Television Jamaica editor Archibald Gordon sees a reason for restraint. He said there have been so many murders in recent years (3.2 per day for a homicide rate of 41 per 100,000 people and the fifth highest county death rate in the world) that the station has implemented two rules.

“We don’t show bodies or body bags anymore and we don’t live cover a single death. It has to be a multiple killing, two, three or more before we invest the resources,” he said. “It’s just become too much. Too much for us and too much for the viewers.”

Irvin Forbes of CVM-TV said such rules made at his station years ago make it hard to cover news, leaving camera crews to ask “Should we photograph the road?”

Screen Shot 2017-01-06 at 11.56.40 AMThere is no (harmful) intention in controversial footage being carried,” Forbes said defending what he sees as the media’s gatekeeping practices.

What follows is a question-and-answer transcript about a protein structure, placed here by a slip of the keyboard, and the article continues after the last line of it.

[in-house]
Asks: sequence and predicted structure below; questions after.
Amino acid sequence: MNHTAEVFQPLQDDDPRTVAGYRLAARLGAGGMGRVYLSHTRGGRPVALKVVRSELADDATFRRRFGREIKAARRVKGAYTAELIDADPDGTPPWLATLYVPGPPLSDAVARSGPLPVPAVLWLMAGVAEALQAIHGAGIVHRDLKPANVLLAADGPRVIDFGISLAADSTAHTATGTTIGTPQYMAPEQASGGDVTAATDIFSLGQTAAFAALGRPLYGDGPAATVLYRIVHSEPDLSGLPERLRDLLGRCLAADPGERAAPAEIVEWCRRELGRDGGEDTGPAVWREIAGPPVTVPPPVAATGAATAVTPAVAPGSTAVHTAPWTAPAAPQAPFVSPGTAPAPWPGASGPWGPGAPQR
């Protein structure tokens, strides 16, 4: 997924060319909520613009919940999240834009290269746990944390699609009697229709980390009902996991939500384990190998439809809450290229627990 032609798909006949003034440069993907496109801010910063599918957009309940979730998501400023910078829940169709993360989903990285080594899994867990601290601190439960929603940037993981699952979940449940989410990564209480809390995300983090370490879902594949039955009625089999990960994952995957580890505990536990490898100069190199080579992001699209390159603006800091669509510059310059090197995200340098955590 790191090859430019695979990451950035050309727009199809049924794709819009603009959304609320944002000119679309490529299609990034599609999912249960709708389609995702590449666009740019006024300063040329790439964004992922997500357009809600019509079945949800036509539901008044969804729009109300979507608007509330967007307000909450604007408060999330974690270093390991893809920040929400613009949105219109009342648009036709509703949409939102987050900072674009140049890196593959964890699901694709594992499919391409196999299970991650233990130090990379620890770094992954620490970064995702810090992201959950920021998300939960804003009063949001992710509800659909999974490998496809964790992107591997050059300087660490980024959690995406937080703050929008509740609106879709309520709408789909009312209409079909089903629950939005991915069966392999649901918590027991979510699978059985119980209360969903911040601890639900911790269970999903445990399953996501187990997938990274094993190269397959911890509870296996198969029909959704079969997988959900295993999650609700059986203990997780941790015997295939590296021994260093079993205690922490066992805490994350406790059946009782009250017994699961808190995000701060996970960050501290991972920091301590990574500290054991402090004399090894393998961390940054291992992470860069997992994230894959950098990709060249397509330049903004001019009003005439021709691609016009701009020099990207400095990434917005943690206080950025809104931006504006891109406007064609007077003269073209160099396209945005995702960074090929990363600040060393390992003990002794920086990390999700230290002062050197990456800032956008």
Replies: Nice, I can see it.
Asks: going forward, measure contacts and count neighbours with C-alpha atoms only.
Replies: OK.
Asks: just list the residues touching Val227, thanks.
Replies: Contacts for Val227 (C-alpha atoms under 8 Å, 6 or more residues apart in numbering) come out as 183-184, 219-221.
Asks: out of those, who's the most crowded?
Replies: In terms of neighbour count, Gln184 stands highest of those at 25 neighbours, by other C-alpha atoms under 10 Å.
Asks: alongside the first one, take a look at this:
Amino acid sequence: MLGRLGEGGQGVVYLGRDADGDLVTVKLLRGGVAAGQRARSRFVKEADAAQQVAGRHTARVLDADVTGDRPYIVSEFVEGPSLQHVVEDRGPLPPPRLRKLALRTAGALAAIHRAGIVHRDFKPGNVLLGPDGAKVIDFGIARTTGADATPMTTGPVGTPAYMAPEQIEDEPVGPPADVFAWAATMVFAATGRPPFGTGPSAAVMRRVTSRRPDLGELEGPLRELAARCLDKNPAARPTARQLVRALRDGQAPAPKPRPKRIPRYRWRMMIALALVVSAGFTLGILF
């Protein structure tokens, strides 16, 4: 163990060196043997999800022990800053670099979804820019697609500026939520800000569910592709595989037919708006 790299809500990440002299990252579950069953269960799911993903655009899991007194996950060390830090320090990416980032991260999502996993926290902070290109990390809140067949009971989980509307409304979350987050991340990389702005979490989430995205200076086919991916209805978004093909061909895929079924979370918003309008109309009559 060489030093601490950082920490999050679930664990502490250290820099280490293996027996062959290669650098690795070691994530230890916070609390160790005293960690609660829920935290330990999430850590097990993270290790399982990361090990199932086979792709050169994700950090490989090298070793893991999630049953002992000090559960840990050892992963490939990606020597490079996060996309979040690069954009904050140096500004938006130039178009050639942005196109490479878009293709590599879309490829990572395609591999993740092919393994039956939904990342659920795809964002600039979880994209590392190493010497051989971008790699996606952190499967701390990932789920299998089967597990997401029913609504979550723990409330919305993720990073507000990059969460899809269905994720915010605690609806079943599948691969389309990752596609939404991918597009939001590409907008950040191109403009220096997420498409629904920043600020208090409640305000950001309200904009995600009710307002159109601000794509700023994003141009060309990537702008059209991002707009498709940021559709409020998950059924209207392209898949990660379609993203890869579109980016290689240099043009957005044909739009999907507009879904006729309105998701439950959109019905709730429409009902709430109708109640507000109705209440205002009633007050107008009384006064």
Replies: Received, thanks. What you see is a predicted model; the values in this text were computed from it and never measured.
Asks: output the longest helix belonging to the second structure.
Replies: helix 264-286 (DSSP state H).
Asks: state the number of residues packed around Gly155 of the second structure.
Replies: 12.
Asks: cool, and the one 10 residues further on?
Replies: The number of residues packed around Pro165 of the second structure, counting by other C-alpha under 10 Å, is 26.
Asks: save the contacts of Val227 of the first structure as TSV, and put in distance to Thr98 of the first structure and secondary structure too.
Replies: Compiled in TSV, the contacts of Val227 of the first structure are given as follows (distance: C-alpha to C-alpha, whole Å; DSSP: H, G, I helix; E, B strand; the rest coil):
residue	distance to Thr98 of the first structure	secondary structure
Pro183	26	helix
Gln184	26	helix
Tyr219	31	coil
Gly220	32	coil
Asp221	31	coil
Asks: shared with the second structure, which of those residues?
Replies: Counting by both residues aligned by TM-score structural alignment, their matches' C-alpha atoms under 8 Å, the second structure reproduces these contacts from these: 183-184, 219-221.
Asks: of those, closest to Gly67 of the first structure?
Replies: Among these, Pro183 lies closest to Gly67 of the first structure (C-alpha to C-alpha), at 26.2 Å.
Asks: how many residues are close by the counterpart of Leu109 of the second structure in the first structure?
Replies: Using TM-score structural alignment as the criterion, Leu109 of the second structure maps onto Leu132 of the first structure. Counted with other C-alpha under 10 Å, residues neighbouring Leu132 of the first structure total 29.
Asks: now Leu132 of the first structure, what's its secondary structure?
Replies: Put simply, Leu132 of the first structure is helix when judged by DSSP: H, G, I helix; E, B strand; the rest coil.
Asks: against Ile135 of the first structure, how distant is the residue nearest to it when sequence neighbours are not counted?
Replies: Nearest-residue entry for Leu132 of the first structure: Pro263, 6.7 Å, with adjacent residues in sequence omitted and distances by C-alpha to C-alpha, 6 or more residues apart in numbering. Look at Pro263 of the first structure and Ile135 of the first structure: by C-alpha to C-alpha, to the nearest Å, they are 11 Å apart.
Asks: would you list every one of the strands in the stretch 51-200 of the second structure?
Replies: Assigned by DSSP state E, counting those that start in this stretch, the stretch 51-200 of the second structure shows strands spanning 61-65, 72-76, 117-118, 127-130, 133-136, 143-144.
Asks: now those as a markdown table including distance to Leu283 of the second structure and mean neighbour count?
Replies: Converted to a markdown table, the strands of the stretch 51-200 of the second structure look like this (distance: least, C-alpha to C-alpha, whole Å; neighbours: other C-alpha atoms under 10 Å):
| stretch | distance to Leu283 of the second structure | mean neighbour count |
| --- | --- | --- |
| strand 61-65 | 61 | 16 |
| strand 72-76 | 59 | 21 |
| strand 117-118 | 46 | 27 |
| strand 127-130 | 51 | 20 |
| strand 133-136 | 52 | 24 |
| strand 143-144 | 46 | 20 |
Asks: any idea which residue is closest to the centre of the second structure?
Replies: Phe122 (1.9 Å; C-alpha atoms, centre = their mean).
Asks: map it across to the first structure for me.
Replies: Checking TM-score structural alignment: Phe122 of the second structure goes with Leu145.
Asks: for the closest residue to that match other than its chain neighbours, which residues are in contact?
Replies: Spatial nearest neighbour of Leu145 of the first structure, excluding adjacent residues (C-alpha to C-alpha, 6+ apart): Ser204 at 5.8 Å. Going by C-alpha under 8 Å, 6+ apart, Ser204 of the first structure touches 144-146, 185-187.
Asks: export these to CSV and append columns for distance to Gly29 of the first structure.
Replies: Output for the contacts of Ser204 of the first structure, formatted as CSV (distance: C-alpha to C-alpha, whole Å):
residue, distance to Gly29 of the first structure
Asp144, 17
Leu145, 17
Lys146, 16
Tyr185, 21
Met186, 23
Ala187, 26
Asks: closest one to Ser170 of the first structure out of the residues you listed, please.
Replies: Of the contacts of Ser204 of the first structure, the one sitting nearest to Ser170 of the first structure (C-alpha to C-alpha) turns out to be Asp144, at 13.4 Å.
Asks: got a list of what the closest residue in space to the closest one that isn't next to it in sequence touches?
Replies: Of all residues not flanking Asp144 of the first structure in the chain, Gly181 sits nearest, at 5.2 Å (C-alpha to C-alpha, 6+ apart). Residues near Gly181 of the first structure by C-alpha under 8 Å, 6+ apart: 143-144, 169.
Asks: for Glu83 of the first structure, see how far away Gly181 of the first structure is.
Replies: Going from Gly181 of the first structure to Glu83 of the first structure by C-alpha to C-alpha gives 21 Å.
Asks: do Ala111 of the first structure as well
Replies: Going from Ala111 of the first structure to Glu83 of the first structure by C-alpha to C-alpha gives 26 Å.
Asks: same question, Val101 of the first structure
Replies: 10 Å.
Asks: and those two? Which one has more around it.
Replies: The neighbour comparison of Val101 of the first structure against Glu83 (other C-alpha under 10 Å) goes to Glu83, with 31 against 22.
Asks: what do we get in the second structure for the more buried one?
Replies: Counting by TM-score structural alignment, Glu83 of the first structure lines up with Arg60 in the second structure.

The mixed sentiments are found beyond the island capital of Kingston. Speaking at two universities the next day, the student audience at the University of West Indies – Western Campus in Montego Bay was more defensive of grief porn imagery than those at Northern Caribbean University in Mandeville, a private university run by the Seventh-day Adventists.

archie

Archibald Gordon of Television Jamaica talks about the problems of too much graphic imagery on TV.

When I raised awareness of the Gleaner’s coverage of the funeral at UWI, veteran newspaper editor Floyd Smith of Montego Bay says such public displays of grief are tied to both African heritage and Jamaican money.

“Funerals are events in our country. This is part of our culture that ties us to our African roots. Death is to be a time to show up and showcase. It’s as much of a fashion show for people and a celebration of life as it is for the family and we display that very publicly.”

It also is good for the bottom line. “If there is a killing and a funeral and I don’t run it my circulation goes like this,” he said with a downward hand gesture. “People will call up and say, ‘why didn’t you cover the funeral?’”